Indie games have existed for a long time - getting their start in the 1970s. It was in the 70s that microcomputers were on the rise - and it was now easy for any random schlub to get his hands on a computer. However, home computers were still largely seen as devices for work and business, and so nobody was really creating games for home computers. Hobbyists began to fill the void in the PC gaming market, equipped with Acorns and Commodores and the codebooks that came packaged with them. Indie games in this era were copied onto floppy disks and tapes, and were typically passed around for free amongst enthusiasts, as well as advertised in magazines dedicated to home computers.
It wasn't until the 90s that the indie community began to really pick up traction. While the internet came into existence in the 80s, it hadn't seen widespread usage among computer users until the big nine-o. The internet boosted the popularity of indie games exponentially, as it offered developers the ability to share their creations like never before. Games were often released as shareware, which meant they were typically broken up into episodic segments, where one segment was free and the rest of the game could be purchased by contacting the developer.
However, things weren't all sunshine and roses. While indie games had been incredibly popular when there was basically nothing else on the market, bigger companies were starting to push the little guys out. As PCs became more capable, high-end development became more expensive, and it was a struggle for indie creators to market their games against a swelling consumer desire for cutting-edge tech and graphics. Shareware was also on the decline, as cutting-edge games began to triple in file size. In short: being an indie creator at this time just wasn't worth it, and many went dormant.
It wasn't until the 2000s when indie games began to see a return to glory. The internet grew in strength and power, and many new creators entered the scene. Instead of trying to copy what was being produced by the triple-A, big box companies at the time, these devs focused on trying to create experiences that the big companies had deemed unfavourable. Especially popular were strategy games and adventure games - including, of course, Cave Story - a game now considered to be one of the best and most important indie games ever.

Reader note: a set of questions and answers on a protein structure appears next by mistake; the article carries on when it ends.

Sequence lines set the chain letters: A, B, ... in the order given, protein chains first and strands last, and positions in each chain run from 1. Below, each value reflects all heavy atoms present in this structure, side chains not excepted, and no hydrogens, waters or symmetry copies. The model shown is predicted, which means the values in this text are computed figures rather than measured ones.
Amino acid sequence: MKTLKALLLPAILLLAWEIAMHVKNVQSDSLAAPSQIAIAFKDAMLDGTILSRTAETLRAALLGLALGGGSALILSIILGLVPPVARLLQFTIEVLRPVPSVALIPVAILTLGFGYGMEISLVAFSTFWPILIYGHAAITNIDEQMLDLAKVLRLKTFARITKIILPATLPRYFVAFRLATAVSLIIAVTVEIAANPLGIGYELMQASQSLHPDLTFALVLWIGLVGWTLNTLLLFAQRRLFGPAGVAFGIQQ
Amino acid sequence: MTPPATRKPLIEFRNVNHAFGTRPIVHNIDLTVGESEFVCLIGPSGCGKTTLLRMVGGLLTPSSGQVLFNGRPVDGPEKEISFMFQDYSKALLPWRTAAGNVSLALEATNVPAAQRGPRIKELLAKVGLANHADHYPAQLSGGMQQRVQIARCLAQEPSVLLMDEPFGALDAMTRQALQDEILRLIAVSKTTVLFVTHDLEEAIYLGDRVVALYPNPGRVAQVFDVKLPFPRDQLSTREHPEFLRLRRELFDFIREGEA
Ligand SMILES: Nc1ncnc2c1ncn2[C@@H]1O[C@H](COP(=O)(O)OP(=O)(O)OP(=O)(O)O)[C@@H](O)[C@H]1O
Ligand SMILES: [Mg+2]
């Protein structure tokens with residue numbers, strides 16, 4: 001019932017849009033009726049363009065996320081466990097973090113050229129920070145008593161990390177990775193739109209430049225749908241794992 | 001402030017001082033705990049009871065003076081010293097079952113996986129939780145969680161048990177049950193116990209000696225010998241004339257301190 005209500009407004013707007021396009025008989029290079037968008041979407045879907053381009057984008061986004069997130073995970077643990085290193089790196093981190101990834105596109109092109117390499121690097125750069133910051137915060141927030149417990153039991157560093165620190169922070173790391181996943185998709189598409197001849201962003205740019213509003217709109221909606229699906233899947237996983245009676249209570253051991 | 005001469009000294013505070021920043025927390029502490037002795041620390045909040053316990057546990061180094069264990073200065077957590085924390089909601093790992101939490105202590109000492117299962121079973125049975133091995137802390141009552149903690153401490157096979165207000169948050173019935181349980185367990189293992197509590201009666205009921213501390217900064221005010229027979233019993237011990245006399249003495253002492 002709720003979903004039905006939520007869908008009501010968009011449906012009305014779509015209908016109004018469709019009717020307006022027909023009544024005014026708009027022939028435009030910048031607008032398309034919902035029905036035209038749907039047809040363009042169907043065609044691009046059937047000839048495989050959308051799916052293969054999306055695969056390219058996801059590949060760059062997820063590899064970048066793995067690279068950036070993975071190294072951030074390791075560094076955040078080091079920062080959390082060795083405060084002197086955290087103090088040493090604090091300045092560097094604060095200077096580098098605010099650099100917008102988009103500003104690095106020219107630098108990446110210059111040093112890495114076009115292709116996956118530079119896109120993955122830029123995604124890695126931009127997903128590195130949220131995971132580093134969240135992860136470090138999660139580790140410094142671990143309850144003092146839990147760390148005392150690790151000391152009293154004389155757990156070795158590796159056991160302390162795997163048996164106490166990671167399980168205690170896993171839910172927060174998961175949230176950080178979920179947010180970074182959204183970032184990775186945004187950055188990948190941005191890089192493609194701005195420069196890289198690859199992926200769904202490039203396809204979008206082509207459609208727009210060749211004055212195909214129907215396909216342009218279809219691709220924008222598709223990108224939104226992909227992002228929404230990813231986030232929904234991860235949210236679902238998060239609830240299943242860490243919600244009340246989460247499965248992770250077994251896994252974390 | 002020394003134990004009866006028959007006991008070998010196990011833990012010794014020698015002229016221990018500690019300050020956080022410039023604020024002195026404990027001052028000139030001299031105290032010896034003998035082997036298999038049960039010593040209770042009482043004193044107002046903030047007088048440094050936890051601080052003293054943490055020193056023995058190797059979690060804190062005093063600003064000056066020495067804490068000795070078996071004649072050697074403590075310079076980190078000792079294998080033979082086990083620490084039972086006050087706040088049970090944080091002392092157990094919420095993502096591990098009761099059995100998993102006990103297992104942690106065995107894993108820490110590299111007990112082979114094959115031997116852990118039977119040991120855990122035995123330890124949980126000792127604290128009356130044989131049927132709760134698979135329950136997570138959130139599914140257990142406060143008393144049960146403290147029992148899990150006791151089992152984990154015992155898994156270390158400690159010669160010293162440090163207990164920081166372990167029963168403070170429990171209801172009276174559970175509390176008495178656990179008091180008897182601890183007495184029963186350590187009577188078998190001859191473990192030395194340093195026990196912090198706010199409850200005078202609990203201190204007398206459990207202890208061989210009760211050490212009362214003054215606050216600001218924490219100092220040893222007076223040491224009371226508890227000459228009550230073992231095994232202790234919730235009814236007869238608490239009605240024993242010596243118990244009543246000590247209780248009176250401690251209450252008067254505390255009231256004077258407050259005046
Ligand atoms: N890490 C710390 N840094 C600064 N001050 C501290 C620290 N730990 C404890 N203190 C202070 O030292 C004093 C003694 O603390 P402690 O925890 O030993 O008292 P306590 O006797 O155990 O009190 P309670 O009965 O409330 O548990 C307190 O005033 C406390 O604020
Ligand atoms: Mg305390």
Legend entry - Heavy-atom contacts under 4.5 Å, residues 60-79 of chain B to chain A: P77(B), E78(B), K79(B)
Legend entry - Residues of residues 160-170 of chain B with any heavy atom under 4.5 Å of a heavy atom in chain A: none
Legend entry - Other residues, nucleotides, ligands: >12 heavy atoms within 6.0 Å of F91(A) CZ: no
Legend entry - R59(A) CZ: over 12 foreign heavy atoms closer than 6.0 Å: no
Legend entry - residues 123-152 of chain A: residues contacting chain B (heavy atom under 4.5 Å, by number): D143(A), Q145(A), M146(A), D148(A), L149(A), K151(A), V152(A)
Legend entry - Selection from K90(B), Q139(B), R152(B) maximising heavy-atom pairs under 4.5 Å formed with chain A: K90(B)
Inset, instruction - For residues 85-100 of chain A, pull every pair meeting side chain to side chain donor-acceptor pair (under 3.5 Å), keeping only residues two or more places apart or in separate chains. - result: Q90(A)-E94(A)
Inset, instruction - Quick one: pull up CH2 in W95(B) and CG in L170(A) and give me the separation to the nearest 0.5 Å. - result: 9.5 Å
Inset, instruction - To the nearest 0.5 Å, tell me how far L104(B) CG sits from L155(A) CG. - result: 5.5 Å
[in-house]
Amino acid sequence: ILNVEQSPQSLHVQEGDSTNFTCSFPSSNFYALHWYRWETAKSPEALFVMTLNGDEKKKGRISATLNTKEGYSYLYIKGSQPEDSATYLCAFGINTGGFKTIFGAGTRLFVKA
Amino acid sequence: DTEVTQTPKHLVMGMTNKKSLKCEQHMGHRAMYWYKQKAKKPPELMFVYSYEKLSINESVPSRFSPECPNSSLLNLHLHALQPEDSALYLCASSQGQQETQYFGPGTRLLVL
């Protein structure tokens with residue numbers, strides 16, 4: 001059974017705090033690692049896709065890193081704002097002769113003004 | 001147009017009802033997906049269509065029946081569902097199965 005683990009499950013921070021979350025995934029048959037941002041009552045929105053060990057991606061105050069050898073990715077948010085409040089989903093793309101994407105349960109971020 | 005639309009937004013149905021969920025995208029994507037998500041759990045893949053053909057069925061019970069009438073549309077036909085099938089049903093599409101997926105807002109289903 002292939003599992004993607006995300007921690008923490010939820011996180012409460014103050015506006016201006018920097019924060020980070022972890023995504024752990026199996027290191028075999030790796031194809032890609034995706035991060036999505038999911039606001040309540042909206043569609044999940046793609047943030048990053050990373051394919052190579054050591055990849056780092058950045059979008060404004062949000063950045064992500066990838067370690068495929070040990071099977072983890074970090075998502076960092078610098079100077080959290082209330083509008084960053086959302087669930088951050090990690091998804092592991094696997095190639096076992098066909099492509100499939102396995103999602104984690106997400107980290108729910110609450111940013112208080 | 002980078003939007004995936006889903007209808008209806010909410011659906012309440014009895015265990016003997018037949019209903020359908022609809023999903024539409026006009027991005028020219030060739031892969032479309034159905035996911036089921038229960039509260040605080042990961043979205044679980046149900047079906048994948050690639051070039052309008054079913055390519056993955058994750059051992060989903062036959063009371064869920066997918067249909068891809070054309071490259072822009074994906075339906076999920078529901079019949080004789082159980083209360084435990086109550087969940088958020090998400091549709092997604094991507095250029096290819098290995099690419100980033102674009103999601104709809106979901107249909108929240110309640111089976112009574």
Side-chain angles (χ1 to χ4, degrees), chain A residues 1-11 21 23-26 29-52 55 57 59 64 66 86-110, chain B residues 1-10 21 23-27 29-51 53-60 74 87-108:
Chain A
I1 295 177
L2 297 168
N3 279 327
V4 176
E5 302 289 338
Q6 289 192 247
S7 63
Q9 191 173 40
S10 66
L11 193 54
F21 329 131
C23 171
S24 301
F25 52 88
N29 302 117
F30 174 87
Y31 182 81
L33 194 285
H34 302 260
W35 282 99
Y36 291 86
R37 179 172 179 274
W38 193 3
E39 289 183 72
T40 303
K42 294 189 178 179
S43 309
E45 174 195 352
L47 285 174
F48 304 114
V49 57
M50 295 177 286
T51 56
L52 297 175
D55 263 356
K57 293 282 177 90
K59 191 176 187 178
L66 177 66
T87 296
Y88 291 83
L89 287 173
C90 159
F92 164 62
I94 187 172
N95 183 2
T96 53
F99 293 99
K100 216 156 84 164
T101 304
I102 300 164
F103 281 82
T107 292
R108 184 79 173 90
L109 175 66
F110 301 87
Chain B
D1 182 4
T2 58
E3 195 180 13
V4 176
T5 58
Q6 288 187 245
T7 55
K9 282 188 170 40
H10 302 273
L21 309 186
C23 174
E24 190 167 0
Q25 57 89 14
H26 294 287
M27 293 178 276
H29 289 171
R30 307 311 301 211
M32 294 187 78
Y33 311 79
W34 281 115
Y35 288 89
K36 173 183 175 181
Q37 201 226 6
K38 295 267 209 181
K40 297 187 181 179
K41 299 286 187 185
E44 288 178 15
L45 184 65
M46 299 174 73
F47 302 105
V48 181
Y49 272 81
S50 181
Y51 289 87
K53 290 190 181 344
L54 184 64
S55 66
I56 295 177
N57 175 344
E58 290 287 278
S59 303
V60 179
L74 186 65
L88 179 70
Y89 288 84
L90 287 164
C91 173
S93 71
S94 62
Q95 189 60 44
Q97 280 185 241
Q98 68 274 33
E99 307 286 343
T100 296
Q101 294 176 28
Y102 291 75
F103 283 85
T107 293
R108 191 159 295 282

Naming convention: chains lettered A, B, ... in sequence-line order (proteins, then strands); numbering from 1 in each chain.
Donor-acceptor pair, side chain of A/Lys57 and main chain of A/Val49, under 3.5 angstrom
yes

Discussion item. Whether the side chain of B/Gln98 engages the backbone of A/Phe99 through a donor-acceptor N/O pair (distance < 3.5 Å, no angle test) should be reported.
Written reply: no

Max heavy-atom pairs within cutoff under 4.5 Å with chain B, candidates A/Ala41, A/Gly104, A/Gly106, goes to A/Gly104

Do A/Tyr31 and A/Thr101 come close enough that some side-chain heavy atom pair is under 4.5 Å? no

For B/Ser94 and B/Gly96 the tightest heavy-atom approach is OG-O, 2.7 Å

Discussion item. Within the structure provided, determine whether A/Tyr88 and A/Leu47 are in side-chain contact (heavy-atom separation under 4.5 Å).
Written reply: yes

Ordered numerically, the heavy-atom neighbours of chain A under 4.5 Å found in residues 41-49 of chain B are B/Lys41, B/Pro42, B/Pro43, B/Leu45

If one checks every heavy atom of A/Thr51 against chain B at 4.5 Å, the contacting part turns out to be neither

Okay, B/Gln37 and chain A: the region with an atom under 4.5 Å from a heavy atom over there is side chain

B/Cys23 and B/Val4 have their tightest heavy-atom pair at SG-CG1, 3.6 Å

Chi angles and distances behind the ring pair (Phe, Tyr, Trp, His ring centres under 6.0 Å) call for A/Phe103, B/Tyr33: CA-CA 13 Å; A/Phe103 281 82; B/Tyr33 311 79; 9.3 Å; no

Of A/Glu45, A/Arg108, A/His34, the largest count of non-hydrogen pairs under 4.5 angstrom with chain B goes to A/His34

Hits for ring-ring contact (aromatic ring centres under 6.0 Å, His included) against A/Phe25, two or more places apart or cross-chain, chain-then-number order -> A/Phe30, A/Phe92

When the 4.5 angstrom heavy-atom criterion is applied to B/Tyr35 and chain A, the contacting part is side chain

Indie games truly broke into the mainstream in the later 2000s, especially due to the release of digital storefronts such as Steam and GOG. Right now, indie games are so popular they've broken into lives of even the most basic first-world citizen. Ever heard of Minecraft? It's now a global phenomenon, but it began it's life as a humble indie title. Games like Minecraft, Five Nights at Freddie's, and Undertale have become so well-known that merchandise and stories inspired by them can be found in your local bookstore or pop-culture shop. Another thing that helped to bring indie titles to the status? One word: Youtube. Getting the attention of a popular Youtuber is oftentimes integral to the success of an indie title nowadays, and Youtube can be seen as responsible for the rapid success of all of the titles I just listed. The internet not only brought indie games back from the brink, it gave individual creators to flourish and prosper off of creations they poured their heart and soul into.